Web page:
When students return to school, so does the issue of head lice.
These creatures have adapted quite well to societies throughout the world. Children are most commonly affected from interaction with other students, as well as the use of shared combs, headphones and beds.
Officially called Pediculosis capitis, this condition is second only to the common cold as the most common communicable illness in school children.
Lice are not dangerous and do not spread disease, and socioeconomic status is not a great factor in the occurrence of this condition. Girls are affected more commonly than boys, but hair length has not been reported as a factor.
The head louse is an insect between 3 and 4 millimeters in length, with a lifespan of about one month. The female deposits eggs in a sack, which is cemented firmly to the base of a hair follicle. These attached eggs, called nits, will hatch in eight days. They rapidly mature and soon begin feeding on blood through the scalp. They do not jump, fly or live on our pets.
The main symptom of lice infestation is an itchy scalp. The diagnosis is made by identifying the lice or nits, with the nits more visible than the actual lice. They are tan when they contain live eggs, white when they are empty. The back of the scalp above the neck is the most likely place to find evidence of head lice.
There are several ways to treat head lice. The most natural method is called wet combing, a welcome alternative to insecticides and the safest treatment for those younger than 2 years old. Combing is performed with a fine-tooth comb. The hair should be wet, with an added lubricant such as a hair conditioner or olive oil. Combing is done until no lice and nits are found. Repeated combing can be done every 3 or 4 days for several weeks.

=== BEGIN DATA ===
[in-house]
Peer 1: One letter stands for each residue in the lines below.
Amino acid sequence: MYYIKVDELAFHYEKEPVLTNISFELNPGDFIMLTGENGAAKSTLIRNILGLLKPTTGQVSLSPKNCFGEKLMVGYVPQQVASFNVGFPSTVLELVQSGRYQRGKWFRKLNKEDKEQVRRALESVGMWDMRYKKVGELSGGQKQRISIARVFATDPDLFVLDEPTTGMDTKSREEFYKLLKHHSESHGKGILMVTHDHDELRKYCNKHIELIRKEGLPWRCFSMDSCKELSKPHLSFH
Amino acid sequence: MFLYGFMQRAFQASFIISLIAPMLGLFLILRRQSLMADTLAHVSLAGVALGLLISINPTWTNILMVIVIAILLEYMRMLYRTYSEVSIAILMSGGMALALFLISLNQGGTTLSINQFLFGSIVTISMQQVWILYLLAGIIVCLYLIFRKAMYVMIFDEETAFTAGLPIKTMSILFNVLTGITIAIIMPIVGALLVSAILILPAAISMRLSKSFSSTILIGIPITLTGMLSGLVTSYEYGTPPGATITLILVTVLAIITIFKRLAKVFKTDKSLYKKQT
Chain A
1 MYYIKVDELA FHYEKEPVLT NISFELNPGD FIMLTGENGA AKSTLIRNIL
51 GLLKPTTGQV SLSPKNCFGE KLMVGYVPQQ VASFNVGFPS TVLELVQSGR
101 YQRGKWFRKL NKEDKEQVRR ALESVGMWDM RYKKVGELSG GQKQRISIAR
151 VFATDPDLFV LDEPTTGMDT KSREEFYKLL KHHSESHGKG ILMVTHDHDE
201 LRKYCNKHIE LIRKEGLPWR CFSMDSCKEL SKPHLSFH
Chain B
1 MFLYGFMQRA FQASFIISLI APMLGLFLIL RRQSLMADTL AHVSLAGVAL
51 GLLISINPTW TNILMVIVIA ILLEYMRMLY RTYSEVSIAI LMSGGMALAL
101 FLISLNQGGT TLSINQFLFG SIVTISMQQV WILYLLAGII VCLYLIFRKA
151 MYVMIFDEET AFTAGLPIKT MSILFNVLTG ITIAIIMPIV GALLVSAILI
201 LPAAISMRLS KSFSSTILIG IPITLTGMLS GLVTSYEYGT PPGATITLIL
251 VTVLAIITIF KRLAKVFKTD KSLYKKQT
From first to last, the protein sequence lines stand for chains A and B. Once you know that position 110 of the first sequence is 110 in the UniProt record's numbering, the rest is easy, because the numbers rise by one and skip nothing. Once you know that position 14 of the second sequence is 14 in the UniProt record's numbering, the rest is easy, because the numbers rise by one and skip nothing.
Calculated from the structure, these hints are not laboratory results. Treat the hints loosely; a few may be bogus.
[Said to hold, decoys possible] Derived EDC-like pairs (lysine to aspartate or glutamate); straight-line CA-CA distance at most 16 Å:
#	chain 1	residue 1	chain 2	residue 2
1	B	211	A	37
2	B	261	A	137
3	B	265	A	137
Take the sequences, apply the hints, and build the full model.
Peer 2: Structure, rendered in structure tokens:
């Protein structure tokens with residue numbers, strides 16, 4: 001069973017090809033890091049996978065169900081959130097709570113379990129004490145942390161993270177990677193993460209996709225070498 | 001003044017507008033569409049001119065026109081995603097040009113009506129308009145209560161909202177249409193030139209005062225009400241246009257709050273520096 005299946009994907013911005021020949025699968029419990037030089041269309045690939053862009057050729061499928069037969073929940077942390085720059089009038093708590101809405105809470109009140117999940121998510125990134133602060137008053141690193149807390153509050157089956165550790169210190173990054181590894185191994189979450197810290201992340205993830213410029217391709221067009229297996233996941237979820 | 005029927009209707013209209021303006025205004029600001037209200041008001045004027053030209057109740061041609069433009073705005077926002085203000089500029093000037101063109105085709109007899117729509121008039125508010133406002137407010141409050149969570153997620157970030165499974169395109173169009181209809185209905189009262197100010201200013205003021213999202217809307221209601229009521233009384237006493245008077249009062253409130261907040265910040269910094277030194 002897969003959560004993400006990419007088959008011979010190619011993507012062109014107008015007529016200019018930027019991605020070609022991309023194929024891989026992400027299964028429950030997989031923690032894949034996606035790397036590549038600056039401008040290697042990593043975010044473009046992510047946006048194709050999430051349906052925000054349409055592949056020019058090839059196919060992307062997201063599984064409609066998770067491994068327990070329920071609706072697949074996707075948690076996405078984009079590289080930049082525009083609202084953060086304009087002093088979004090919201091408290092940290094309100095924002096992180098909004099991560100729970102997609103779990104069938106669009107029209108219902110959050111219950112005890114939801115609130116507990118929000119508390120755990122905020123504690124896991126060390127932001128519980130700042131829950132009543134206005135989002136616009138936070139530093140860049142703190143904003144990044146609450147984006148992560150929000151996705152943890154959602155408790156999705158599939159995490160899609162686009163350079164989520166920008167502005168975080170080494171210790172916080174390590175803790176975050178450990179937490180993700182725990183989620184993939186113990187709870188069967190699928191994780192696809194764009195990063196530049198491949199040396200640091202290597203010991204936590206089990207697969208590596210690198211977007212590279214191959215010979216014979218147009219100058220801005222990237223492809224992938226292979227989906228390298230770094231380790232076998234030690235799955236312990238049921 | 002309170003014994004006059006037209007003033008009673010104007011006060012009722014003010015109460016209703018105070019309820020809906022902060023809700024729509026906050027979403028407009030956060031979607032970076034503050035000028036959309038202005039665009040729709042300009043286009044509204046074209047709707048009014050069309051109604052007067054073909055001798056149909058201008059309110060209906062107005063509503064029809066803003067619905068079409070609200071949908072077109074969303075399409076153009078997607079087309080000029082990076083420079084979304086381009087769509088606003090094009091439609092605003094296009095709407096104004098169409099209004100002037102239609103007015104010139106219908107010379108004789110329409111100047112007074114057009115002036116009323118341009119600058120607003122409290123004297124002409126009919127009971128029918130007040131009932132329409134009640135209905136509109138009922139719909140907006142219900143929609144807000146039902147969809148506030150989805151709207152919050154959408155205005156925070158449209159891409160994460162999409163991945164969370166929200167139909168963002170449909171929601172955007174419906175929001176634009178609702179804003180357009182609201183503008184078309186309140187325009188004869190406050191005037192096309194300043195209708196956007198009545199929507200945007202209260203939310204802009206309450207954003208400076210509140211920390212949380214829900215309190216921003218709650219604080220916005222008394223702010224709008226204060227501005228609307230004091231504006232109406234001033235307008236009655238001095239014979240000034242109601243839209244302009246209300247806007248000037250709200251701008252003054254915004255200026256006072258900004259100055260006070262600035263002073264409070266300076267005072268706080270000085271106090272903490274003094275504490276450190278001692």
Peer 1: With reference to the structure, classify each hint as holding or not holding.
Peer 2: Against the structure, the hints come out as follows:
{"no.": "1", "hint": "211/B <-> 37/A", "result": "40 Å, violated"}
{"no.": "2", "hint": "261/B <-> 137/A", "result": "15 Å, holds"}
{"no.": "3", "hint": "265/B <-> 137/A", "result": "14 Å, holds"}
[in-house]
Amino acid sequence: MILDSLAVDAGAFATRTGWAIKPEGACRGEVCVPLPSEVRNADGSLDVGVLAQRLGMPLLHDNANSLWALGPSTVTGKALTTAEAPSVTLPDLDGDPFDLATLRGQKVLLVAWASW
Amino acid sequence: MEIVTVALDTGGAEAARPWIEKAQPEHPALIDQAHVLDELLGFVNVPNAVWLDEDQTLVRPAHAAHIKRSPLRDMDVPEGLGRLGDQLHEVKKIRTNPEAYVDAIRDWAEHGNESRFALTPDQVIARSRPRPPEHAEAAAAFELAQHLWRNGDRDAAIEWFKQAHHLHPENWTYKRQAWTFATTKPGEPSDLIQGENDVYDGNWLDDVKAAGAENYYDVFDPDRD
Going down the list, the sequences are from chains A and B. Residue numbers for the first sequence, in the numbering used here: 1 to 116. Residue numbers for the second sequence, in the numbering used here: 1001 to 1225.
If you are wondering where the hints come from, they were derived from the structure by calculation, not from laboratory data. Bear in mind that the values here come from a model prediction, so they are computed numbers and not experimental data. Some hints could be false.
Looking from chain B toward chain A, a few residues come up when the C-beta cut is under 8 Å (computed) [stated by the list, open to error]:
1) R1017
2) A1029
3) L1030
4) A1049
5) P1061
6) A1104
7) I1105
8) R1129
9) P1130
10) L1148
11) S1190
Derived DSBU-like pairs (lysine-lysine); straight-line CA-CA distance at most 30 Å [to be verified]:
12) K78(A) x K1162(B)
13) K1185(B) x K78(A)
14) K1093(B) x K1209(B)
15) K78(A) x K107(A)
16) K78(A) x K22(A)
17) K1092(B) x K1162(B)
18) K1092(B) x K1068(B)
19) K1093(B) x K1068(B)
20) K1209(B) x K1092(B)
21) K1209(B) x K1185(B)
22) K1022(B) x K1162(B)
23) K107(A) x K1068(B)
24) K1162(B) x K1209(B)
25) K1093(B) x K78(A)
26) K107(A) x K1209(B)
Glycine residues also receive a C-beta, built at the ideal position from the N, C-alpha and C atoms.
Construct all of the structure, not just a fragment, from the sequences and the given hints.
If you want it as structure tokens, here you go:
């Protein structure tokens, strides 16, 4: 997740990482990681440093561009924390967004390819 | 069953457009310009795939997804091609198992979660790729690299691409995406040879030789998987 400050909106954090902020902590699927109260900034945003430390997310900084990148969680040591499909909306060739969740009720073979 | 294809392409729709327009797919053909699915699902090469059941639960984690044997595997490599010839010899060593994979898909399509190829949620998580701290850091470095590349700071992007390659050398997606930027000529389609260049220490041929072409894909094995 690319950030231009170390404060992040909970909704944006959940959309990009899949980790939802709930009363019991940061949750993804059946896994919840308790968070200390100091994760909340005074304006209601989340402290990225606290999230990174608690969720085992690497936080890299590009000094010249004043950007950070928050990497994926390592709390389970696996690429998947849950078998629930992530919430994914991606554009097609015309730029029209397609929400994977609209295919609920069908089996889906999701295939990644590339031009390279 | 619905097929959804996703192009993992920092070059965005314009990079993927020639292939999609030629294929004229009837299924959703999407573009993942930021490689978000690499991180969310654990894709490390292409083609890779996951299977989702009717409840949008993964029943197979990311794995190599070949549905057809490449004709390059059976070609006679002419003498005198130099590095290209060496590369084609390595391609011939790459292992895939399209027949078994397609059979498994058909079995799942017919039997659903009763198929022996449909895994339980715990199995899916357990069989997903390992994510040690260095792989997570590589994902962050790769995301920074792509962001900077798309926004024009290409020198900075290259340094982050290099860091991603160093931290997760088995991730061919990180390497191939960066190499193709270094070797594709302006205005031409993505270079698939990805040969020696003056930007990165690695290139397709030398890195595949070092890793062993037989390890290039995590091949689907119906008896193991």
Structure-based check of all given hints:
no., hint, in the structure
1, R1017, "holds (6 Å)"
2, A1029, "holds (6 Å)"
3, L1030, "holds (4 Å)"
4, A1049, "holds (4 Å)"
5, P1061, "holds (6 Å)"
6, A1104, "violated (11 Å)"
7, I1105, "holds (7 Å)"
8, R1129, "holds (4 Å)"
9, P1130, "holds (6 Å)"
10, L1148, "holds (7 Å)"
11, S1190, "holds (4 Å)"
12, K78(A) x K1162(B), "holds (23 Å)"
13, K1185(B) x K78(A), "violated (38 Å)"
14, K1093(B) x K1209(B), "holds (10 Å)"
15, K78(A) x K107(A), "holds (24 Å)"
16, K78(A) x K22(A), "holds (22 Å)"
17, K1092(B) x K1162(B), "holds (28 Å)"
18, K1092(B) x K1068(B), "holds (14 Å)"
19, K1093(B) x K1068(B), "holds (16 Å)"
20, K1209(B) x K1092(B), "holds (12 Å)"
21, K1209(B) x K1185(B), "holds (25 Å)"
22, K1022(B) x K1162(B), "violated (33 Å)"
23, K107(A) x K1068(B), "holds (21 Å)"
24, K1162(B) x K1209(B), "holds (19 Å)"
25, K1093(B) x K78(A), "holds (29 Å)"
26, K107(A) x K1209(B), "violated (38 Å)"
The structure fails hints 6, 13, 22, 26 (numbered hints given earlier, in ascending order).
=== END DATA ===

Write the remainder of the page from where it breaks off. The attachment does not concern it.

For children older than 2, the most effective method for treating head lice is the use of topical insecticides. The most commonly used is Permethrin cream rinse (1 percent), sold over the counter by the name Nix. This is a relatively safe product when used as directed. The scalp should be shampooed, rinsed with water and towel-dried. Then Nix is applied and allowed to remain in the hair for 10 minutes before being washed out with water. A second treatment may be given in seven to 10 days if live lice (not nits alone) remain. Hair should still be combed to remove nits.
Washing contaminated clothing and bedding is also important. Lice can survive free from the scalp for up to two days, so vacuuming carpets and furniture is helpful.
The most common causes of ineffective treatment are not following through with the treatment and continued contact with others who are infested. Household members should be inspected and treated if necessary.
Our local schools have a “No Nits” policy, meaning that students remain out of school until all nits are gone from the scalp. This again demonstrates the importance of combing nits out of the hair.
Still, there is no need to panic about head lice. This condition can be cured with proper treatment and patience. If all your efforts seem in vain, see your health provider for more help.
At a glance
For an excellent Web site for more detailed information, especially regarding nit removal, visit http://www.doh.wa.gov/publicat/paperpubs/lice.htm.